Dan Boyle still believes in Sharks' bite
DETROIT -- Dan Boyle understands the interest. There was a time when he was a hockey fan and followed the trade deadline with the same enthusiasm that fans tracked every rumor last week.
"When you're a fan, the trade deadline is so fun," he said after a Wednesday practice in Detroit.
As a player? Not so much fun. Truth be told, Boyle hated that his name was out there in the days leading up to the deadline. He could live without the emails and texts from friends wondering if he was headed to New York or Philadelphia.
Sometimes lost in the frenzy that comes with trade speculation is that trading a player across the country, as was rumored with Boyle, is extremely personal. It's not just a cap number, a solution for a power play or some draft picks being swapped back and forth.
"It's life-changing stuff," Boyle told ESPN The Magazine. "Guys have families, they have houses, they have kids going to certain schools -- their friends. There's a lot of people involved. It's tough."
He tried to avoid the trade talk as much as possible, but when it's your immediate future being debated, it's almost impossible to ignore. So, yeah, he watched some of the trade deadline coverage on television. He read an occasional newspaper story. To not follow it meant avoiding all forms of media and burying the phone at the bottom of the suitcase for a week. It's really the only way.
When last week's deadline passed and the Boyle trade rumors remained only rumors, there was a feeling of relief. Huge relief.
Not just because he wasn't eager for a life-altering event in the middle of a season, but also because he still believes in the Sharks. He wants to be part of a breakthrough in San Jose, not be brought in as a final piece of some other team's puzzle.
Maybe the Sharks' core is getting old, but Boyle believes there's another run left in this group. GM Doug Wilson made it pretty clear leading up to the deadline, in dealing Ryane Clowe and Douglas Murray, that he won't wait forever for it to happen.
"If you don't win, guys go," Boyle said. "Whether it's Clowe or Murray, or this summer someone else. If you don't win, guys are going to move, guys are going to leave. I don't want to go anywhere. We have to win as a team, that's the only way."
Lately, that's what the Sharks have been doing. They enter Thursday night's ESPN.com Game of the Week against the Detroit Red Wings with wins in seven of their past nine games. They've been dominant at home with a 14-1-5 record but quite the opposite on the road, with only six road wins all season. The Ottawa Senators are the only other current playoff team with so few wins away from home.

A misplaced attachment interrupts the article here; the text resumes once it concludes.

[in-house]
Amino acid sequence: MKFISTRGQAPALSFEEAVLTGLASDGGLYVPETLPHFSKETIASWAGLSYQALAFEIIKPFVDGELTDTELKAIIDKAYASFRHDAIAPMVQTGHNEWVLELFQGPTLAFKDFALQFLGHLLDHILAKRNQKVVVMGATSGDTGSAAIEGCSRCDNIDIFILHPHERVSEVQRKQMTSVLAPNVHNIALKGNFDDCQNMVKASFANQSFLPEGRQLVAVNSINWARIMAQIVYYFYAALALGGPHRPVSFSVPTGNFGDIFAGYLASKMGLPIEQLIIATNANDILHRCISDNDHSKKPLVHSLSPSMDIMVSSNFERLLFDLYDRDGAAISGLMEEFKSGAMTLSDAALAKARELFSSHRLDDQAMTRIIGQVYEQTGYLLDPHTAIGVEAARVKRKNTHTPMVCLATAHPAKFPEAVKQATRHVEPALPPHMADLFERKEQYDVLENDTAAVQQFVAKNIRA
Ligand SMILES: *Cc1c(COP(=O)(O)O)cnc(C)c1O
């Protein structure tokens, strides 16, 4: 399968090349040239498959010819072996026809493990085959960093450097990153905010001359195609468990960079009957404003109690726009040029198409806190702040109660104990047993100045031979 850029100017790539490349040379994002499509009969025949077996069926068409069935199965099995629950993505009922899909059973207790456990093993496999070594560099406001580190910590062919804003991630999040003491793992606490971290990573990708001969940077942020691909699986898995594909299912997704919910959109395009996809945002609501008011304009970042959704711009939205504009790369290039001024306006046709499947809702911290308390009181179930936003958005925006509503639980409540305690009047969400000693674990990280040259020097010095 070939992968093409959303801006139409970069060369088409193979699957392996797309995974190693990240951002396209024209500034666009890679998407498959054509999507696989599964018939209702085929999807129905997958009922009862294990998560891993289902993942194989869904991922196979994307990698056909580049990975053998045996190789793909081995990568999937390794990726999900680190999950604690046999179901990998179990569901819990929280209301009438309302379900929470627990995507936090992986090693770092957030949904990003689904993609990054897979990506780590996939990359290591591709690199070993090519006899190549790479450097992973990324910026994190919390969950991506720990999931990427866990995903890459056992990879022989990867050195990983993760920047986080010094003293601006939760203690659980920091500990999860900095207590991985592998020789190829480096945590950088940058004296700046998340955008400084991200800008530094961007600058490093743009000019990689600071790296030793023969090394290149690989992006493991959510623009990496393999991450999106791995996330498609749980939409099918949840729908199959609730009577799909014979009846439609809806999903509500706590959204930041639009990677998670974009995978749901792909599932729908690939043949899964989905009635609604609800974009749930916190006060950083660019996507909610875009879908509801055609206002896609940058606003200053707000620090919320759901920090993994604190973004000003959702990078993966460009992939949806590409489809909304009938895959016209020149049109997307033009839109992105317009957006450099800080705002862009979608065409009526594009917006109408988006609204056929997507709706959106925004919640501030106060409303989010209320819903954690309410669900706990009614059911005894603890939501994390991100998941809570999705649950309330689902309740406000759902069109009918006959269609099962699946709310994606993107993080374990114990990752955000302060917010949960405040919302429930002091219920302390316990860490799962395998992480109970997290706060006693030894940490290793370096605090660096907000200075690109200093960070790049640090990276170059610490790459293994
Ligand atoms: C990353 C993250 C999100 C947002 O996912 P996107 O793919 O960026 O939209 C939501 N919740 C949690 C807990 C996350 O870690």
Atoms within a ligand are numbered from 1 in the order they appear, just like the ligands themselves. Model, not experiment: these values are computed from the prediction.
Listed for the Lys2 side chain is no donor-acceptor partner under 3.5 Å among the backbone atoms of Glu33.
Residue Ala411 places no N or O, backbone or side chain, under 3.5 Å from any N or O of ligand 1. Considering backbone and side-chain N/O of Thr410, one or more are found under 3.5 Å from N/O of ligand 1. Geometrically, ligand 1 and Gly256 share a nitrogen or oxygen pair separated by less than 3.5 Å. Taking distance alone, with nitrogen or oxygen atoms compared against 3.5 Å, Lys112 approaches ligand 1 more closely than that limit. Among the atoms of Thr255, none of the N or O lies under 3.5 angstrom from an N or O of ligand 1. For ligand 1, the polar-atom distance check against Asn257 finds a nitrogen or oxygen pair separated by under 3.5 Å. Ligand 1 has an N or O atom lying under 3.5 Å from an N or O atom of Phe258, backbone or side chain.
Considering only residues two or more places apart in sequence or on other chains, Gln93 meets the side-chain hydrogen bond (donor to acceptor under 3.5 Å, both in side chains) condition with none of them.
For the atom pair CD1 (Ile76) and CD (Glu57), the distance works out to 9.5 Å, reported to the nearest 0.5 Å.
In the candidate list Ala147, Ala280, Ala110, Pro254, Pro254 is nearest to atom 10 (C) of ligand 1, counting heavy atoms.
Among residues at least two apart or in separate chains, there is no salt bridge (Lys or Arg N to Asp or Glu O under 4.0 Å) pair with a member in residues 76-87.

And things have especially clicked into place since Brent Burns' shift to forward, which is slowly moving from experiment mode to something the Sharks might want to consider long term. Burns' success at forward has opened opportunities on defense for Jason Demers, Justin Braun and Matt Irwin, with coach Todd McLellan singling out the play of Irwin since Burns moved to forward. Irwin's average ice time per game in April is at 19:53, his highest of any month this season.
And with Burns at forward, Boyle's presence on defense is as crucial as it's been at any other time in his San Jose tenure.
"When Brent went up front, it created depth immediately," McLellan said. "It created size, shot, a bull in the China shop-type player to play on one of our top lines. That depth kind of reset a number of guys. It's worked until this point. We'll see what happens."
It's a bit reminiscent of the Kings' addition of Jeff Carter last season in that it allowed other forwards to slot into their proper positions on the ice. McLellan shuffled the lines a bit at practice Wednesday partly because of the matchup with Detroit, so the trio of Joe Thornton, Burns and Martin Havlat may not remain intact. But with three lines anchored by centers Logan Couture, Thornton and Joe Pavelski as well as a fourth line that brings speed and grit, the Sharks are more balanced up front than they have been all season.
The game plan is the same as it always is with the Sharks -- get in the offensive zone and try to wear down the opposition.
"When you get tired, they pick you apart" Red Wings defenseman Kyle Quincey said. "We have to do a good job of not being in our zone for a minute, minute and a half."
The decisions to keep Boyle and move Burns to forward have kept the Sharks competitive. As the playoffs approach, they just have to find a way to win on the road and deliver that consistent effort every night. If they want any form of home-ice advantage in the playoffs, and their home record suggests they desperately should, a repeat of Tuesday night's road loss to the Columbus Blue Jackets can't happen.
"We just showed each other what we can do with a real honest, hard effort," McLellan said. "We can't give ourselves permission to take days off right now."
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By The Numbers
• Joe Thornton (Sharks): He has a league-high 782 assists since the start of the 1997-98 season.
• Patrick Marleau (Sharks): His 403 goals since the start of the 1997-98 season are sixth-most in the NHL in the span.
• Antti Niemi (Sharks): He is 9-2-2 with a 1.81 GAA and two shutouts against the Red Wings and has never allowed more than three goals in a game to them.
• Henrik Zetterberg (Wings): He has career-lows in shooting percentage (6.1 percent; eight goals on 131 shots) and goals per game (0.22).
• Pavel Datsyuk (Wings): He's the only player among the NHL's top 10 in takeaways (47, 2nd), short-handed faceoffs won (62, T-5th) and power-play faceoffs won (78, 4th).